Mr Nathan Seinen, Cambridge University
Tuesday 25 October 4:30pm
Endsleigh Room, 1st Floor, Department of Music
"Ideal versus Real Man: Prokofiev's Final Opera and Late Stalinist Subjectivity"
Prokofiev's final opera, The Story of a Real Man (1947-48), is based on a contemporary novel of the same title (Polevoy, 1946), a prominent work of post-war literature that tells a true story of heroism from the recent war: an airman who loses his lower legs overcomes seemingly impossible physical and psychological obstacles to fly and fight again. This paper offers a critical account of Real Man that is focused on the theme of subjectivity, which is crucial to both its subject matter and historical context. A definitive feature of Soviet socialism was the ambition to reconstruct human subjectivity, to create the New Soviet Man, a Bolshevik Übermensch. According to Stalinist propaganda, this archetypal heroic figure was responsible for the great achievements of the 1930s in industry, agriculture, and exploration, and had proven himself superior in the victory of the Great Patriotic War. I develop a contrast between the treatment of the standard heroic narrative in Prokofiev's opera and in the film based on the same novel (dir. Stolper, 1948). I argue that the opera failed to represent the appropriate Stalinist form of subjectivity, since grotesque imagery and elements of Expressionism, crude comedy and lyricism evinced a bourgeois/Freudian rather than a Soviet/Nietzschean understanding of the self. Real Man was composed before and after the infamous 1948 Resolution on music, which condemned leading composers for 'formalist' errors, and although the opera was Prokofiev's considered attempt to meet socialist realist standards and smooth out difficulties in his career, it had the opposite effect. I conclude with a discussion of Prokofiev's own failure to achieve the necessary self-transformation into a Soviet subject.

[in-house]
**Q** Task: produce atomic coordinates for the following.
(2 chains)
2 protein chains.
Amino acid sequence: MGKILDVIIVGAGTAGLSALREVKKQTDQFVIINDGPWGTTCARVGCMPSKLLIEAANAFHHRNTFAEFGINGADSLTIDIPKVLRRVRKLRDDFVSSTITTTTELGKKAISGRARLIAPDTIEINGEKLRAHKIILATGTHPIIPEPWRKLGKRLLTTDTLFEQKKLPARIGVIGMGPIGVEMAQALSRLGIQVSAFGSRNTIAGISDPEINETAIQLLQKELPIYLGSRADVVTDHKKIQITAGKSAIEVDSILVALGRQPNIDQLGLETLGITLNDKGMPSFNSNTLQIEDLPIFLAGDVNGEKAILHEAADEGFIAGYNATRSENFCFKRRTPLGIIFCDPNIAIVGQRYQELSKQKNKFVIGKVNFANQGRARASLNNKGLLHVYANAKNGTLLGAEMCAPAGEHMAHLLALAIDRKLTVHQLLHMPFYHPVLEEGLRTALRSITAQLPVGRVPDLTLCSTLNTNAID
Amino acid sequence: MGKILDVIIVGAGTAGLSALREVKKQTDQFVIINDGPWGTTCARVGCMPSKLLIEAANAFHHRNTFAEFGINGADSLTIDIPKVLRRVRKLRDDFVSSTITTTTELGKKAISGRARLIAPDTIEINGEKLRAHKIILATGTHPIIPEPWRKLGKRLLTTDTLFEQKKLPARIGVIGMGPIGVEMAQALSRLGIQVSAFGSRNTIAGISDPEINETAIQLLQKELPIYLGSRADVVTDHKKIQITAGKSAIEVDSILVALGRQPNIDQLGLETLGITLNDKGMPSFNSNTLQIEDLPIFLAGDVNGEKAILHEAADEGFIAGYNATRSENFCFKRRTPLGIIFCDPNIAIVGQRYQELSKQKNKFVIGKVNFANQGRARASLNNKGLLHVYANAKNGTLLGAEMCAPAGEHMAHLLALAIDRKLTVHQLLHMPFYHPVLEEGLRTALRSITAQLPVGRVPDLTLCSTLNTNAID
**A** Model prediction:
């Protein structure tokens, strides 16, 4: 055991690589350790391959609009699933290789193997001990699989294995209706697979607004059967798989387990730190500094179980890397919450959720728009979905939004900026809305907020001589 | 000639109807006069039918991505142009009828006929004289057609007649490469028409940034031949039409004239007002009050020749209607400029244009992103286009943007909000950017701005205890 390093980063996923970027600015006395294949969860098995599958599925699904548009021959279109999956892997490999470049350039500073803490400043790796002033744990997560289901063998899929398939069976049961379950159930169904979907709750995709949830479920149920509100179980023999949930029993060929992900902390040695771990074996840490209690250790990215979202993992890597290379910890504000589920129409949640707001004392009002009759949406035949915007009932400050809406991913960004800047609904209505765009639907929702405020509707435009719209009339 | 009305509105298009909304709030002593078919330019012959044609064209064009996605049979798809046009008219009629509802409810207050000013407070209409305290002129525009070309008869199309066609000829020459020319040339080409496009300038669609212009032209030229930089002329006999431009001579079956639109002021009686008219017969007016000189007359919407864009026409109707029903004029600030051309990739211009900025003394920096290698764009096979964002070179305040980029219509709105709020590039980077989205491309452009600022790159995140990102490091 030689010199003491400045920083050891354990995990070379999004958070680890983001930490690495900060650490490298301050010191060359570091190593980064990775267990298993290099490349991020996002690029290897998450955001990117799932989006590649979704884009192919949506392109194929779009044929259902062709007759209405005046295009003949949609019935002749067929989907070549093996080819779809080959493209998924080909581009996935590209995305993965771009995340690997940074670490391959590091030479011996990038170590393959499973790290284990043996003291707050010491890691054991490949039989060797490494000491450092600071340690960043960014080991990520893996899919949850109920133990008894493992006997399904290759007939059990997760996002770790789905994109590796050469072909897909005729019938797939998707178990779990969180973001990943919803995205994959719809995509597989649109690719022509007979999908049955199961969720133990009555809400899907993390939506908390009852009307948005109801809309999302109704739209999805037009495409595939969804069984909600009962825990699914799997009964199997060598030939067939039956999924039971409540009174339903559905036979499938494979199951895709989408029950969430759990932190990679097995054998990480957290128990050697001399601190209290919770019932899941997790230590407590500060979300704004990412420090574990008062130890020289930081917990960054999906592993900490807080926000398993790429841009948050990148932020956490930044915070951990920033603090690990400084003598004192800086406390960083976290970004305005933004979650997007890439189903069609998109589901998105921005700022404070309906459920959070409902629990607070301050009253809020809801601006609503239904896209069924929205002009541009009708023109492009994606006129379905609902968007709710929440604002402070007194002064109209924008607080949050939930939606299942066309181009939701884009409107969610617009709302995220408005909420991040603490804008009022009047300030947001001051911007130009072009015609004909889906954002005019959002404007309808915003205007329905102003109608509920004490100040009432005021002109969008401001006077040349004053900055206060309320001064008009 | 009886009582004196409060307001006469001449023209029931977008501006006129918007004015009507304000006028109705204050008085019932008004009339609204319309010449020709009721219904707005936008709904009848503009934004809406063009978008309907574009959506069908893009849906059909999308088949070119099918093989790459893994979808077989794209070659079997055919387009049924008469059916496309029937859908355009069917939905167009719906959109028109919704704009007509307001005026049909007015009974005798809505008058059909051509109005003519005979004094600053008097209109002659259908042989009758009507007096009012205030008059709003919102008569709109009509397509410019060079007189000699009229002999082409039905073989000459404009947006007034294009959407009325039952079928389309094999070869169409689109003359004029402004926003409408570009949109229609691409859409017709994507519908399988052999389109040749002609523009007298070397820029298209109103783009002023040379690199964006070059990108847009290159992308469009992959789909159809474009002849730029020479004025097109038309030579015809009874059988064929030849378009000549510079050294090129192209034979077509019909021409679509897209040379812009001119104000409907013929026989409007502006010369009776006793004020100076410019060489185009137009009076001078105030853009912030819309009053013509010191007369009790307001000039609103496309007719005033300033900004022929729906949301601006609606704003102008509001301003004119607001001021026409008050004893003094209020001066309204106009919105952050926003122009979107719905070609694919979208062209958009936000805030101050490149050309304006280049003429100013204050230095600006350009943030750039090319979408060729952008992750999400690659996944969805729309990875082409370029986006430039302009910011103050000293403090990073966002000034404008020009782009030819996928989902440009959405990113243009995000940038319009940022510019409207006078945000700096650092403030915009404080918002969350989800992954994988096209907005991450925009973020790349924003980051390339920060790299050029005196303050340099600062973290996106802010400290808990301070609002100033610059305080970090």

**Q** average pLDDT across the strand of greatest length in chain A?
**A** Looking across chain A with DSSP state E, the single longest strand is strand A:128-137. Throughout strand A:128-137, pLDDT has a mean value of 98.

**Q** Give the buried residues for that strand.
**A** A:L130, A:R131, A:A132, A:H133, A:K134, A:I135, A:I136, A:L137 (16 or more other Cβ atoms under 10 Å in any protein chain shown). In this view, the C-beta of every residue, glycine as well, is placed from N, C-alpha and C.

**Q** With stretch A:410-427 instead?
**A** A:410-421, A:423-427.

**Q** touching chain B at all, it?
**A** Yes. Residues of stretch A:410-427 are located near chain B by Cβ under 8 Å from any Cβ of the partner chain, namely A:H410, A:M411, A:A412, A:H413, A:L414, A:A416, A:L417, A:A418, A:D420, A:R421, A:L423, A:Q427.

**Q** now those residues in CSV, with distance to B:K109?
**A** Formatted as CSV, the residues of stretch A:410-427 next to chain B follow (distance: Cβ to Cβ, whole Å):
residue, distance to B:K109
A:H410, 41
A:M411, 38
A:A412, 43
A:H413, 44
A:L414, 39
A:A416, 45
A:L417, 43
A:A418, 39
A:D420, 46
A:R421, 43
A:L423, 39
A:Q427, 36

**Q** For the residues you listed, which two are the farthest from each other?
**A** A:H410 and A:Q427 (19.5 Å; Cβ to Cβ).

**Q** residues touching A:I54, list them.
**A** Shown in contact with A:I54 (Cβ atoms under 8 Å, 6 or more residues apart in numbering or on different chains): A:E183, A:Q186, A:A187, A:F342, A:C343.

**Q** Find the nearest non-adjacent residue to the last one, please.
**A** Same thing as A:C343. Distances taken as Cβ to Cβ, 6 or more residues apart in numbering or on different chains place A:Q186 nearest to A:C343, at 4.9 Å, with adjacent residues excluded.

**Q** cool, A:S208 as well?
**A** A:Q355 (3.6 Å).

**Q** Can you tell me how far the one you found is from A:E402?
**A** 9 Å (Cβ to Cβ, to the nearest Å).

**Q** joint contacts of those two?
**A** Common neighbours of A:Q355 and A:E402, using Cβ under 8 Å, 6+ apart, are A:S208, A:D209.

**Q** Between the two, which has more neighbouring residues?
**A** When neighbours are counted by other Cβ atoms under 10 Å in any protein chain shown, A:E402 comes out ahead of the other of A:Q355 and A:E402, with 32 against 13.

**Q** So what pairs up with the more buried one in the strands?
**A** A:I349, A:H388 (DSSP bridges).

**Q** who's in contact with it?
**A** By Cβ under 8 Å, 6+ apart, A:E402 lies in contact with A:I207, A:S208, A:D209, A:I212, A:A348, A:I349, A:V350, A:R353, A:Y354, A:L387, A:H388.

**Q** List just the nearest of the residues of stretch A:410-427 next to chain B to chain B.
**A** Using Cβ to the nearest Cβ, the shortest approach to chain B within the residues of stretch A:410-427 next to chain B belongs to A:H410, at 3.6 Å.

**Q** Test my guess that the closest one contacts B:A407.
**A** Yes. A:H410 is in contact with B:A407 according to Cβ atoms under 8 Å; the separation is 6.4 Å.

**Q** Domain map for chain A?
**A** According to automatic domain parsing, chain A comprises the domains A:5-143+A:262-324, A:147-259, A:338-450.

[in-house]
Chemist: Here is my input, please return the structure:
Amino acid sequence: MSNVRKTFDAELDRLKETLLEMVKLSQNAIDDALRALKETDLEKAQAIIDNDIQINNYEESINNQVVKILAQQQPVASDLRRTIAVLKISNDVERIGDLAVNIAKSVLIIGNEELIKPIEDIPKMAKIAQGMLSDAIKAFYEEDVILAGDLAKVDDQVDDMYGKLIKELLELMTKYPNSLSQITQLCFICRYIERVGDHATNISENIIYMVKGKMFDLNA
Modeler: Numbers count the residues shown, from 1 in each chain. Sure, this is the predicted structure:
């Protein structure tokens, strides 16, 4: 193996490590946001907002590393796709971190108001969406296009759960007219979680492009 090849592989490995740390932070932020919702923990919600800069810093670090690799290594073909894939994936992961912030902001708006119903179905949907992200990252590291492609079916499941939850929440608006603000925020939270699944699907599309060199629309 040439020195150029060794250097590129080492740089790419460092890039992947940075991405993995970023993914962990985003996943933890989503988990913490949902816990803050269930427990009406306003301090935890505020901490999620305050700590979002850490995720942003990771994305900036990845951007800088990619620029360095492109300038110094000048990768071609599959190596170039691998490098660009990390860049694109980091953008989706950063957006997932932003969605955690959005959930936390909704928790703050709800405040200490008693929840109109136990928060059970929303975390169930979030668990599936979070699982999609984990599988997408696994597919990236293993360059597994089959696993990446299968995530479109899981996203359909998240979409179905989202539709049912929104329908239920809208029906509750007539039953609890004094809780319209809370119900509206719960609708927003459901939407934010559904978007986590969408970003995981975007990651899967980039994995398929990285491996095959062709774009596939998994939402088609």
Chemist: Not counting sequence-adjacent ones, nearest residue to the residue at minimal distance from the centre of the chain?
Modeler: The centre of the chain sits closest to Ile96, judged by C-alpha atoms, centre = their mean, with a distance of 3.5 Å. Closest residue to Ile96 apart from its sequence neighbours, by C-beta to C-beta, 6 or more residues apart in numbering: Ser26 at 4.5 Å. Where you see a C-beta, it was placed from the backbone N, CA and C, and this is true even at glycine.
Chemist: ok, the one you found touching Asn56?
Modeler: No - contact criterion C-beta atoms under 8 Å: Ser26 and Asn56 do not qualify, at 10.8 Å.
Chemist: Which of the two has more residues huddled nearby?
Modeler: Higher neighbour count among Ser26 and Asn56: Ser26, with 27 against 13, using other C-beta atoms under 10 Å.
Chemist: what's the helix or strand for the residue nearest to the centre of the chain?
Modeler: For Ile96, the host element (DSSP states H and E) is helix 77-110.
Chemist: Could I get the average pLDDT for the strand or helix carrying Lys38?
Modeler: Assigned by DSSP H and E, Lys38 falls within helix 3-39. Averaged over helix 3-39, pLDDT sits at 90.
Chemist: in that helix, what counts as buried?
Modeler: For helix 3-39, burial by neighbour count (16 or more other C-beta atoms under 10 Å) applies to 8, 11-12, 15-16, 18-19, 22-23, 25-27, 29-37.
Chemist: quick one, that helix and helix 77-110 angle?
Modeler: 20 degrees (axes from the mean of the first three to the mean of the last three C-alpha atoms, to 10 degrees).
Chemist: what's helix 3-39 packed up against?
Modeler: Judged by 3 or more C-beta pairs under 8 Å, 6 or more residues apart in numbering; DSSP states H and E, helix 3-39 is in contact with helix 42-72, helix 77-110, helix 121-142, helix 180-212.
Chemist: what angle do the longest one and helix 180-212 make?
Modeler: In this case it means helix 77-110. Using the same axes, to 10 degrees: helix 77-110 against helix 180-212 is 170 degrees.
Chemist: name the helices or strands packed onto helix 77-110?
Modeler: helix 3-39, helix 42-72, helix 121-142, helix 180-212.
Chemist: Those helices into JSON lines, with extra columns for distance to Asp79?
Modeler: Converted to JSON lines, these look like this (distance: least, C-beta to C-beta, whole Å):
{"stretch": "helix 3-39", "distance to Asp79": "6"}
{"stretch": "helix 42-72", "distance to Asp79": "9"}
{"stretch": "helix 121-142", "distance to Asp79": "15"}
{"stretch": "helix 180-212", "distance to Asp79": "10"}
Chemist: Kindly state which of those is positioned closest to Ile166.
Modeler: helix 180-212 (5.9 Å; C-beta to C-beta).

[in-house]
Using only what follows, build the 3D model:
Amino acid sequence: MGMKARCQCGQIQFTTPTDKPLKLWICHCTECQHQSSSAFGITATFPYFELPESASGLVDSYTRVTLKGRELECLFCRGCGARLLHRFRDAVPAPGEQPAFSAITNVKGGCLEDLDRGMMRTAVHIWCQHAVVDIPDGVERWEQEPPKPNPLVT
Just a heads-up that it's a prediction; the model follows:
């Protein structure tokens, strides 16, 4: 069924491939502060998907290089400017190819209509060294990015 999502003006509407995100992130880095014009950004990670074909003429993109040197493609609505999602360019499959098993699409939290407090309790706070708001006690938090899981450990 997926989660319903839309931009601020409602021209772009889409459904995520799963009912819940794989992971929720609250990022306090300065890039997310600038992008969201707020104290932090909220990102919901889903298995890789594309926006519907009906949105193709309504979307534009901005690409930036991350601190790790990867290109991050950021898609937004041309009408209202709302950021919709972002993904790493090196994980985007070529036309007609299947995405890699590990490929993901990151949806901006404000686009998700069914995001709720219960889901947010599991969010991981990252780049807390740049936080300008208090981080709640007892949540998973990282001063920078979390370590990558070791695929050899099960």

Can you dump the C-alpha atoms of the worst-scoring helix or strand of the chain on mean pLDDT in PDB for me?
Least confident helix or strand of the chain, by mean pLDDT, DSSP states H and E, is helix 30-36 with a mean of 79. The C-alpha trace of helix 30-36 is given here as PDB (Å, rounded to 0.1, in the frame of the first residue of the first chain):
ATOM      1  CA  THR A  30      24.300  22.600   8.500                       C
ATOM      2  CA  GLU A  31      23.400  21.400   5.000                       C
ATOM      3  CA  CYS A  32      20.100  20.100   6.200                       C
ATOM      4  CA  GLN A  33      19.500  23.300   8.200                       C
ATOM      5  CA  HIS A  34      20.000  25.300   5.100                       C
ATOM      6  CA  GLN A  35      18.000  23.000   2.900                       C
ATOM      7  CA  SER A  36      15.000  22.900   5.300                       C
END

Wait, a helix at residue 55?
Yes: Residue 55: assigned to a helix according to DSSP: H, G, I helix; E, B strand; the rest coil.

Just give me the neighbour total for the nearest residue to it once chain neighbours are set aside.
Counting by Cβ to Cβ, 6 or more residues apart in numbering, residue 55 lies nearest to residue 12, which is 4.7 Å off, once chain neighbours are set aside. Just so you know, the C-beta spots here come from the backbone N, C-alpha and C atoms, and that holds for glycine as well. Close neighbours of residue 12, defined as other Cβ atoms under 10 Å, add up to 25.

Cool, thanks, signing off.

Nathan Seinen has recently submitted his PhD dissertation on Prokofiev’s ‘Soviet’ operas at the University of Cambridge, and is now writing a book on this topic. He has published articles in Music & Letters and the Cambridge Opera Journal, and is the 2010 recipient of the Alfred Einstein Award from the American Musicological Society, for the best article written by a junior scholar in 2009. He has taught at Cambridge and the University of East Anglia, and is currently a Teaching Assistant at Nottingham.
All are welcome! Refreshments will be served.
Posted on Tuesday 18th October 2011